Search results for: Pittinsky Tzvi
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I first attended the International Society for Technology in Education Conference (better known as ISTE) in Philadelphia in 2011 as a part of a cohort from the Avi Chai Foundation. The conference with over 15,000 educators all dedicated to meaningful integration of technology into their classrooms was overwhelming - but in a good way. For this year’s Jewish Educators Network Meetup at ISTE, the planning committee which consisted of myself, Michael Cohen, Seth Dimbert, Stew Greenberg, and Benny Gross, wanted to give Jewish educators the opportunity to present to the group as well as have ample time for follow-up discussion, and give away and raffle off some serious swag. We made a call for presentations, received many worthy respondents, and came up with the following program of 5-minute Ignite Style presentations.
Updated: Jul. 06, 2017
I have always admired Sefaria, the online platform for Jewish text. I wholeheartedly subscribe to their vision of creating freely available, high-quality online Jewish text both in Hebrew and translation. I love their start-up feel with a team of dedicated coders incrementally improving Sefaria on a regular basis, supplemented by thousands of contributors who through crowdsourced translations and public worksheets have augmented the product. Their commitment to the open and free use of their digital text and source code has allowed an ecosystem of Jewish apps to be built using Sefaria.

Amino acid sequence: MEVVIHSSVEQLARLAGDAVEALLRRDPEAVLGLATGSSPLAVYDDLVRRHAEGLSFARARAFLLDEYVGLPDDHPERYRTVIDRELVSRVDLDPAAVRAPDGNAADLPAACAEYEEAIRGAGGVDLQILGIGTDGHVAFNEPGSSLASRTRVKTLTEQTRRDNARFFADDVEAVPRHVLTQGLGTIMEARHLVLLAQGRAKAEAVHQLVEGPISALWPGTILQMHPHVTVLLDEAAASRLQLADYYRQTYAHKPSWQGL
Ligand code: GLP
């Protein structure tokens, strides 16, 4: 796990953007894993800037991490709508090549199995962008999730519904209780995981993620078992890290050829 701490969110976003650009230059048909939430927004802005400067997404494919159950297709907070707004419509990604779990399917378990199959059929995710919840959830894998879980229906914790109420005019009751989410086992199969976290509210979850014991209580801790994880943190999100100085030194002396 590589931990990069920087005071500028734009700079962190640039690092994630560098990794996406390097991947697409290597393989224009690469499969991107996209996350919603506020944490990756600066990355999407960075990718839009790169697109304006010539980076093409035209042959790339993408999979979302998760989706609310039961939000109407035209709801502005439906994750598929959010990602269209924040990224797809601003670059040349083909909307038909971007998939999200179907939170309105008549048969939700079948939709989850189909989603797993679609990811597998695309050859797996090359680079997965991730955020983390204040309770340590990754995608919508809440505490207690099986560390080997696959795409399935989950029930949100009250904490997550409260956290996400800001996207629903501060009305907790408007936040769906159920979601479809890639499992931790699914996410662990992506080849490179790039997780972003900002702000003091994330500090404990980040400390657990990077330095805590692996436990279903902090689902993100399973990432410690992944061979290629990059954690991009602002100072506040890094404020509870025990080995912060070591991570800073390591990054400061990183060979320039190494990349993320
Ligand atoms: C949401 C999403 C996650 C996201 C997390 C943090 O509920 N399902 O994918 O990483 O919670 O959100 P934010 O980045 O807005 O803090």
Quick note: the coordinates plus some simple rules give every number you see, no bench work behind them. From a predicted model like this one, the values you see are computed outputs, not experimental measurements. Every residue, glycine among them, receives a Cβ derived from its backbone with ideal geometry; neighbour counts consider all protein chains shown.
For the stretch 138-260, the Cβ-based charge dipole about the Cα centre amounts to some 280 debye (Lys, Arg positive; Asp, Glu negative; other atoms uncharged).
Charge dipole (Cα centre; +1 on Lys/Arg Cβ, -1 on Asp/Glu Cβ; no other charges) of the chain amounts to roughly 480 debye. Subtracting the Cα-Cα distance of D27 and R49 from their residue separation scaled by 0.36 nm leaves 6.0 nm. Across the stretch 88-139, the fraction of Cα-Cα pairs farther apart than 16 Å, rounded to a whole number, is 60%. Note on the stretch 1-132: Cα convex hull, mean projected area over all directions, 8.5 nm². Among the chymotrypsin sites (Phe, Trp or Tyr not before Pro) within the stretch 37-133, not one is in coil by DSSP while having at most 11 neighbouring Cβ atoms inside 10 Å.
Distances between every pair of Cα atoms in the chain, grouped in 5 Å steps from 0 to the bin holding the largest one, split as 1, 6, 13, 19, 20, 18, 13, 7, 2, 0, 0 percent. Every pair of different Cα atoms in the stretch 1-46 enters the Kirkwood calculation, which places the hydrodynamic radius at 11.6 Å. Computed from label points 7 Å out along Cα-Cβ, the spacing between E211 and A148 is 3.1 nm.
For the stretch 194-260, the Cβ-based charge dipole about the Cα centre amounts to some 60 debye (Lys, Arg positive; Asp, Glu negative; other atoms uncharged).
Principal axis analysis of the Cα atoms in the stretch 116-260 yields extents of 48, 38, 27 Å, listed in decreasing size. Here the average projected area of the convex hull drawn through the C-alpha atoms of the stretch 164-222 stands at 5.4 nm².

Updated: Sep. 11, 2016
The first word most people give when describing the International Society for Technology in Education or ISTE conference which took place this past week in Denver, Colorado is overwhelming. With its 15,000+ participants, presenters, and vendors running dozens of events simultaneously throughout the four days of the conference, it can be a daunting experience especially for first time attendees. However, if at the conference, there was a way to create a mini-conference, a small group within this vast stream of people that would be very advantageous.
Updated: Jul. 19, 2016
BetaMidrash is a free Android app using open-source online Jewish texts crowdsourced from Sefaria – an incredible platform in its own right which I plan to feature in a future post. BetaMidrash combines an attractive interface complete with Hebrew texts and translations, embedded commentaries when available, a powerful search engine, and downloaded texts so that the app continues to work even with a minimal data connection. What I did not realize when I first started using BetaMidrash after it was launched in April 2015–and quickly fell in love with it–was that this app was created by two electrical engineering students at Cooper Union.
Updated: Nov. 25, 2015